I’m excited today because the baker finally started treating me like a regular instead of that weird girl who takes too long to count her change. I’ve been going in there every few days for a croissant and a cup of coffee, and this morning she decided to acknowledge me.
Baker: “so you like these croissants, huh?” Me (putting on what I hope resembles the authority of a French person who has eaten thousands of croissants): “Why, yes, they’re the best in the neighborhood. I’m in here all the time.” Then the baker says something that, while often repeated by salespeople and not exactly impartial, still gives me a little thrill. “Mais vous avez raison” or “Well, you’re correct.” Just like that, my taste in pastry has been validated.
If this seems like not much of a breakthrough, vous avez raison. But it’s little conversations that make me feel like I am actually living in France. And not just getting by, but seeing familiar faces.
I’ve also recently realized that my French is good enough now for me to eavesdrop—which, with the way they tightly pack café tables, is inevitable. Outside the nail salon two ladies are discussing how many children it’s appropriate for a husband to ask his wife to have. And next to me at lunch, a man describes a marital crisis while his female companion applies a terrifying shade of purple lipstick. If I were a novelist, I’d start wondering if these two pairs know each other.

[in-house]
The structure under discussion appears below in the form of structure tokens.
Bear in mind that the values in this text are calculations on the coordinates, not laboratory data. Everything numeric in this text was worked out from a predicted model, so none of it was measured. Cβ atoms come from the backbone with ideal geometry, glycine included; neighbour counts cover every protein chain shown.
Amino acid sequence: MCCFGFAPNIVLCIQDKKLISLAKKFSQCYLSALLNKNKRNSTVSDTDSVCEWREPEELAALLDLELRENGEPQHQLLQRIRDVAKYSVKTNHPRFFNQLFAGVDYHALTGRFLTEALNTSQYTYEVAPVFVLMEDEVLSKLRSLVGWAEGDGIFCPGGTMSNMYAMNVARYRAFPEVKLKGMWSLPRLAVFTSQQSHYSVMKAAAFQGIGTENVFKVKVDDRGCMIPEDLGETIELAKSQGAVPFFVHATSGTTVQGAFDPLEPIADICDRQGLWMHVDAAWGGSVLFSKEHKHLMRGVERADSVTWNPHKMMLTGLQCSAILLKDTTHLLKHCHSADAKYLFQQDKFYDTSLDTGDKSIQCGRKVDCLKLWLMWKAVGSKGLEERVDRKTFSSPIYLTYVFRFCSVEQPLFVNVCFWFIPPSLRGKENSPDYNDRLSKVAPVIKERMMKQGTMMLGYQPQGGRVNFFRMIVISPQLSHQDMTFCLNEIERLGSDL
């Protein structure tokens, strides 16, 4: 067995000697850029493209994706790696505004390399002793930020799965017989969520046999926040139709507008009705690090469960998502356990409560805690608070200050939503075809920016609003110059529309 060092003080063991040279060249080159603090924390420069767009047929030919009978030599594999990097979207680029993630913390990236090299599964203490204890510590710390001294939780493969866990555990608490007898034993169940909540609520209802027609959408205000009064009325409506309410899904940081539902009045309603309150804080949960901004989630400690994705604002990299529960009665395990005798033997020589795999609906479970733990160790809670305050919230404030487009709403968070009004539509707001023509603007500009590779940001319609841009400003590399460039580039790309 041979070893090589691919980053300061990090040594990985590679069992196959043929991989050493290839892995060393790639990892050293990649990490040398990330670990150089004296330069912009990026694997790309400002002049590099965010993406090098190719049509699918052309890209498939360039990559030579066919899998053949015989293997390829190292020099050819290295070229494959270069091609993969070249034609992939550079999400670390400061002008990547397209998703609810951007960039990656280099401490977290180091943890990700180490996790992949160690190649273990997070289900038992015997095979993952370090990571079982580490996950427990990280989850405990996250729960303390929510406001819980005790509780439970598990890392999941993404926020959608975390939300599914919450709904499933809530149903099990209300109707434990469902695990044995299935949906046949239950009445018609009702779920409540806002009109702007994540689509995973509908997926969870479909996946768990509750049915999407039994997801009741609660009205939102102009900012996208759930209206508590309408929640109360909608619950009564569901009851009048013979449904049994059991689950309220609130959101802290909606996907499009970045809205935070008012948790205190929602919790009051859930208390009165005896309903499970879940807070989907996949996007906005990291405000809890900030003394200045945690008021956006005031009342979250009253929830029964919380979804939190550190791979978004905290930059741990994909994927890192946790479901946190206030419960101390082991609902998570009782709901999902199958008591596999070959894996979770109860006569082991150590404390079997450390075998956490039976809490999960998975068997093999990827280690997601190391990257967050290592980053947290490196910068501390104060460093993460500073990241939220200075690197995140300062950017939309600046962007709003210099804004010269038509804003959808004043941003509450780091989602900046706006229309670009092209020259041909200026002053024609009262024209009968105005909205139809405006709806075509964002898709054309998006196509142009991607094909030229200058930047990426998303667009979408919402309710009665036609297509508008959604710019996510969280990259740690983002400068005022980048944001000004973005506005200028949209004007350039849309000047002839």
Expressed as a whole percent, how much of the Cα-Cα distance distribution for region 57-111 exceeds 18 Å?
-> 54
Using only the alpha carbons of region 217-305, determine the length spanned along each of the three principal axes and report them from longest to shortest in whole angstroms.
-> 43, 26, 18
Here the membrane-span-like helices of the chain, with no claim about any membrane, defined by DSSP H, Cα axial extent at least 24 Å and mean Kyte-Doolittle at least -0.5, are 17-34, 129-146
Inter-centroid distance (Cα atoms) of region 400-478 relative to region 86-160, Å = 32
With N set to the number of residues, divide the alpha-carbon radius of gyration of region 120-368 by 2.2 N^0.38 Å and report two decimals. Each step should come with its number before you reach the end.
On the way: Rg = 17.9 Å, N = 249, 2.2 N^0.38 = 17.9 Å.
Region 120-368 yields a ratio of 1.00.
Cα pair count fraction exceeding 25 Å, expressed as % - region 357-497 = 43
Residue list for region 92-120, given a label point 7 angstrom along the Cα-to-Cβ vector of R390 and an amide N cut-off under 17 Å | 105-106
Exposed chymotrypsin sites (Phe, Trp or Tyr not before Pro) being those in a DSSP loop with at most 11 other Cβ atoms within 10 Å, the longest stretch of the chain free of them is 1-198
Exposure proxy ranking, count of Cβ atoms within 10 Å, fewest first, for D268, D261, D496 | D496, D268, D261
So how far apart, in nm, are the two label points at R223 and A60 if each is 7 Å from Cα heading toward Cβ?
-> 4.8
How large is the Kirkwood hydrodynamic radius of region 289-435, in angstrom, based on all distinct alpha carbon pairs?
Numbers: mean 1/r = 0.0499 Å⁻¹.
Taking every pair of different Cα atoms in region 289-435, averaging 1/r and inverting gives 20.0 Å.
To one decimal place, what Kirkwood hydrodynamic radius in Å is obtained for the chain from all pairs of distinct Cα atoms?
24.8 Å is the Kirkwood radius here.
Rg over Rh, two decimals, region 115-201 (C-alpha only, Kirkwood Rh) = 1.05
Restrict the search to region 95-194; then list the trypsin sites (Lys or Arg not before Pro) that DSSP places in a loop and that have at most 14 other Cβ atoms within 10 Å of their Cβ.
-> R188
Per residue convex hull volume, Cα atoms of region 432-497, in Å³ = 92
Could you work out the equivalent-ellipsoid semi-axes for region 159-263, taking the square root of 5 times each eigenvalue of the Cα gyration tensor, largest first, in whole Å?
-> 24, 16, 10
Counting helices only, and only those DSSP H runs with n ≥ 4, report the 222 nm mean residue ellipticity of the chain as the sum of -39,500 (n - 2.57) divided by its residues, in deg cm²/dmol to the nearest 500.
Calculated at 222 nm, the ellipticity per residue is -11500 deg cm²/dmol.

Instead, I decide to drop in on a poetry workshop at Shakespeare and Co.—a weekly discussion run by David Barnes, who co-edited an anthology with BU’s own Megan Fernandes. The room where the workshop is held is as famous as Bay State’s 222—a reading room, library, and office for writers like Hemingway and Joyce.
On a rainy Paris evening, the workshop hosts a diverse group—a Russian student writing in English, an older man from Amherst, MA, a woman from Yale who lived in the same building I did, a British poet. I’ve brought a poem and a few pieces of the translation to share, but many visitors just listen, dropping in on the discussion and soaking up the atmosphere.
I don’t blame them—if you turn your back on the queue of tourists snaking through the aisles, it’s easy to feel nostalgic. The piano is playing in the other room between the bells of Notre-Dame. The place smells like rain and old leather binding. But I can’t help imagining that Woody Allen, not Hemingway, is coming up the stairs.